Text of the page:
Thermal characterization of materials via a Blu-ray based scanning fluorescence microscope
An increasing need for cleaner energy production has renewed interest in nuclear energy. To make nuclear energy safer, there is a need for thermal measurements of new materials, including nuclear fuels. Our project is a proposed sensor design based on a commercial Blu-ray player to provide spatially resolved measurements of thermal properties. Recent advancements in non-contact thermometry with quantum dot photoluminescence and improved accuracy of the reconstructed temperature with neural networks allow the thermal response of the material to be more accurately determined. Current methods are costly, and lack the spatial resolution to measure properties necessary to model the strong radial temperature variations in a nuclear fuel rod. We will make this thermal property instrument from a modified Blu-ray player to both sense and induce temperature changes in the materials at a fraction of the cost of other thermal characterization instruments. The motors in the Blu-ray player are also capable of the fine motor controlled required in these applications. The player’s infrared laser diode provides periodic heating to the sample, and its blue laser induces fluorescence in quantum dots on the sample’s surface. The photodiode in the player will capture the emitted light to determine the surface temperature after calibrating the device. Thermal wave models will relate the difference in the amplitude and phase of these waves to determine the thermal properties of the material.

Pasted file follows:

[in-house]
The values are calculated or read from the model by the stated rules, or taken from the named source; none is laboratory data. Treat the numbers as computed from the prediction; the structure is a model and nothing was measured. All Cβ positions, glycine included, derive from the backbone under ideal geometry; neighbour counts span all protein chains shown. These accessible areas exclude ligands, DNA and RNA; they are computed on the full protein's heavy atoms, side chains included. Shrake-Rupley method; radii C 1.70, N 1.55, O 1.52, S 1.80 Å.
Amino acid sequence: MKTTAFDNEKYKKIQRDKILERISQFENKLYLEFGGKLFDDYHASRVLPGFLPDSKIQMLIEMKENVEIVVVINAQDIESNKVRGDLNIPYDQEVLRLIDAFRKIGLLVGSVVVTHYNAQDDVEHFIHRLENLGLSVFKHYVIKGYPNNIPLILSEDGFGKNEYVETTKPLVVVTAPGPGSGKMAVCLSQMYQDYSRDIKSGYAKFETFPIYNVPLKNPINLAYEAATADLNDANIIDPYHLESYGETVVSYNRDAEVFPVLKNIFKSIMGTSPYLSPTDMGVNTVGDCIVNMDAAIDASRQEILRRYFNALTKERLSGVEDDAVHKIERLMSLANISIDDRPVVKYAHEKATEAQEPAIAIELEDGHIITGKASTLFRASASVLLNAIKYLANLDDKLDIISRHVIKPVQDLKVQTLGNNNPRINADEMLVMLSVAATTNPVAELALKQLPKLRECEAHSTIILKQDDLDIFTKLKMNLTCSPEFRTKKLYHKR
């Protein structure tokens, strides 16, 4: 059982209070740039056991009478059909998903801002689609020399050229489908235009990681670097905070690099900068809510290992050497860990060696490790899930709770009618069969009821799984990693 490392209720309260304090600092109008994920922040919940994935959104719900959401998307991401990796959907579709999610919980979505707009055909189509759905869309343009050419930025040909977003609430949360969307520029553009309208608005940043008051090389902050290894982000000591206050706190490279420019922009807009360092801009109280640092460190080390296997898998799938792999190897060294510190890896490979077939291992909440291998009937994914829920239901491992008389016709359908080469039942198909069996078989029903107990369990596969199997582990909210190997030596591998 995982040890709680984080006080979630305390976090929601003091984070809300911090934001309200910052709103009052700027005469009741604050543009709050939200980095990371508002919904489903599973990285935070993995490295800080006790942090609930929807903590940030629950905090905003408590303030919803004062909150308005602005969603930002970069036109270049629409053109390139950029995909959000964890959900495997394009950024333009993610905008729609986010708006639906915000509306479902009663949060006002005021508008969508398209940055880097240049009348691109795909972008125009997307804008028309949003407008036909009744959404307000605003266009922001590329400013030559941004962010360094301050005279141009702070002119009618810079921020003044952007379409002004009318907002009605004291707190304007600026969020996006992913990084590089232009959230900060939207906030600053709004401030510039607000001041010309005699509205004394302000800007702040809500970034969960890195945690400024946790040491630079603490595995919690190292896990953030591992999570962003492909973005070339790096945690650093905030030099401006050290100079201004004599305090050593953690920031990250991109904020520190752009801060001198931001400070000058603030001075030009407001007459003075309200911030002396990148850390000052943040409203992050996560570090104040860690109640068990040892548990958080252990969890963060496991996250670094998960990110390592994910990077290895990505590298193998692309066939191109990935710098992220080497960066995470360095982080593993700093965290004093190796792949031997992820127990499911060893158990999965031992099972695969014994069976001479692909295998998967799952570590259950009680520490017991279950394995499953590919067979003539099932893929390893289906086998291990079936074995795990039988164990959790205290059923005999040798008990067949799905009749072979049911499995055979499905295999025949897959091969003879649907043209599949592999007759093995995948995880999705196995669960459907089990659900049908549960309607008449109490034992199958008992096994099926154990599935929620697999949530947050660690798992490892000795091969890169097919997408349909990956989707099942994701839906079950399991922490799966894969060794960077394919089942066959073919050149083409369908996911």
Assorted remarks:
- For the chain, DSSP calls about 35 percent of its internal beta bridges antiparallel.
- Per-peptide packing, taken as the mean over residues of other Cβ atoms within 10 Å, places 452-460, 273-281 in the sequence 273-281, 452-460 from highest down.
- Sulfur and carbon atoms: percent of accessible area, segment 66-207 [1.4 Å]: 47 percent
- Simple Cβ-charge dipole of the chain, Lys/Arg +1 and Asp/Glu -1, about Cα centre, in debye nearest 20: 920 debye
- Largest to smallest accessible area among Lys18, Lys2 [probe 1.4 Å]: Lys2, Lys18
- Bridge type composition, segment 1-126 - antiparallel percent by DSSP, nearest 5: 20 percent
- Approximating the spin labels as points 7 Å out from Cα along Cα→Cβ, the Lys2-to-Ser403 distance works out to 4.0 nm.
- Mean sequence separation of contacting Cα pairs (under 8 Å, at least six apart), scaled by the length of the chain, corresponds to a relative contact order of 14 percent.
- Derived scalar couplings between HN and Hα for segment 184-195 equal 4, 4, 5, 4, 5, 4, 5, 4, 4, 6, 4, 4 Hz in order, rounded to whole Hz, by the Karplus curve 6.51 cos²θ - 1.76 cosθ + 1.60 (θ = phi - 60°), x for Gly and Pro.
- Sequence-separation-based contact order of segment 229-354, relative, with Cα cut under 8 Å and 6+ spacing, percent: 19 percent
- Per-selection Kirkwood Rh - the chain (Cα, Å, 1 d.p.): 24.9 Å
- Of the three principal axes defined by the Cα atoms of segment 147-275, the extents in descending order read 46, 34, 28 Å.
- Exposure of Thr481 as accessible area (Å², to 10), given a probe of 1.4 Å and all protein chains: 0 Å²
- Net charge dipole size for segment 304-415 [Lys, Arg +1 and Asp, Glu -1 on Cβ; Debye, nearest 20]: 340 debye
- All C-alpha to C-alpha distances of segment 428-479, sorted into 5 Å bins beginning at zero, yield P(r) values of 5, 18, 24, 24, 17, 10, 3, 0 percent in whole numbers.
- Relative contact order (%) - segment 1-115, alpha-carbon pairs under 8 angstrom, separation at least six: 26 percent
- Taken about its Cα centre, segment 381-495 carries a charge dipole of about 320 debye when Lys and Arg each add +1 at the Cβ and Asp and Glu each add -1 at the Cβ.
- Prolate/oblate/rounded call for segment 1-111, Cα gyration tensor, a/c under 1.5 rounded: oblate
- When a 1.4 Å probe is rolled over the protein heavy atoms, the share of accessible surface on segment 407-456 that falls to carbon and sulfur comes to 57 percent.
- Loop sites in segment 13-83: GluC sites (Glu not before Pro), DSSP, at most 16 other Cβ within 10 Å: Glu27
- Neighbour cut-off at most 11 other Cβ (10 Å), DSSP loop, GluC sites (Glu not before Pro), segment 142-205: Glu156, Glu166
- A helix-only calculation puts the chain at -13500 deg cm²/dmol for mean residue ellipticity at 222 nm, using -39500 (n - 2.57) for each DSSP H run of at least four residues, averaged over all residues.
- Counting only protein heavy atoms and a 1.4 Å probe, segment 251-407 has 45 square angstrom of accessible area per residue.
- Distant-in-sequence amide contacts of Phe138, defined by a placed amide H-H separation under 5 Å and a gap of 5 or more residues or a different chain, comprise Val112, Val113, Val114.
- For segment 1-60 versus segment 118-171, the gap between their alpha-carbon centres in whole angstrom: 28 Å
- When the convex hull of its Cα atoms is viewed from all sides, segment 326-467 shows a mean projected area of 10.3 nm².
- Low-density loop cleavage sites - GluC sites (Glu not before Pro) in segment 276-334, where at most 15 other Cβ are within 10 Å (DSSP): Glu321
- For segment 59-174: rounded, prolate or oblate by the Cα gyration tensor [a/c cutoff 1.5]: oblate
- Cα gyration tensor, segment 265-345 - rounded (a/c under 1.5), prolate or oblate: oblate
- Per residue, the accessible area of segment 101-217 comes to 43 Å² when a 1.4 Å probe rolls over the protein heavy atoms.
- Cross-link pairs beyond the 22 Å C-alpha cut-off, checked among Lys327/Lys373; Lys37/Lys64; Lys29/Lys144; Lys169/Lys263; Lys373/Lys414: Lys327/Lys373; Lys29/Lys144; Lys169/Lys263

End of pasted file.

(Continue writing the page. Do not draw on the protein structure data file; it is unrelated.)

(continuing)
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Sam Hayden (POC,Primary Presenter), BYU, firstname.lastname@example.org;
Ryker Haddock (Co-Presenter), BYU, email@example.com;
Troy Munro (POC), BYU, firstname.lastname@example.org;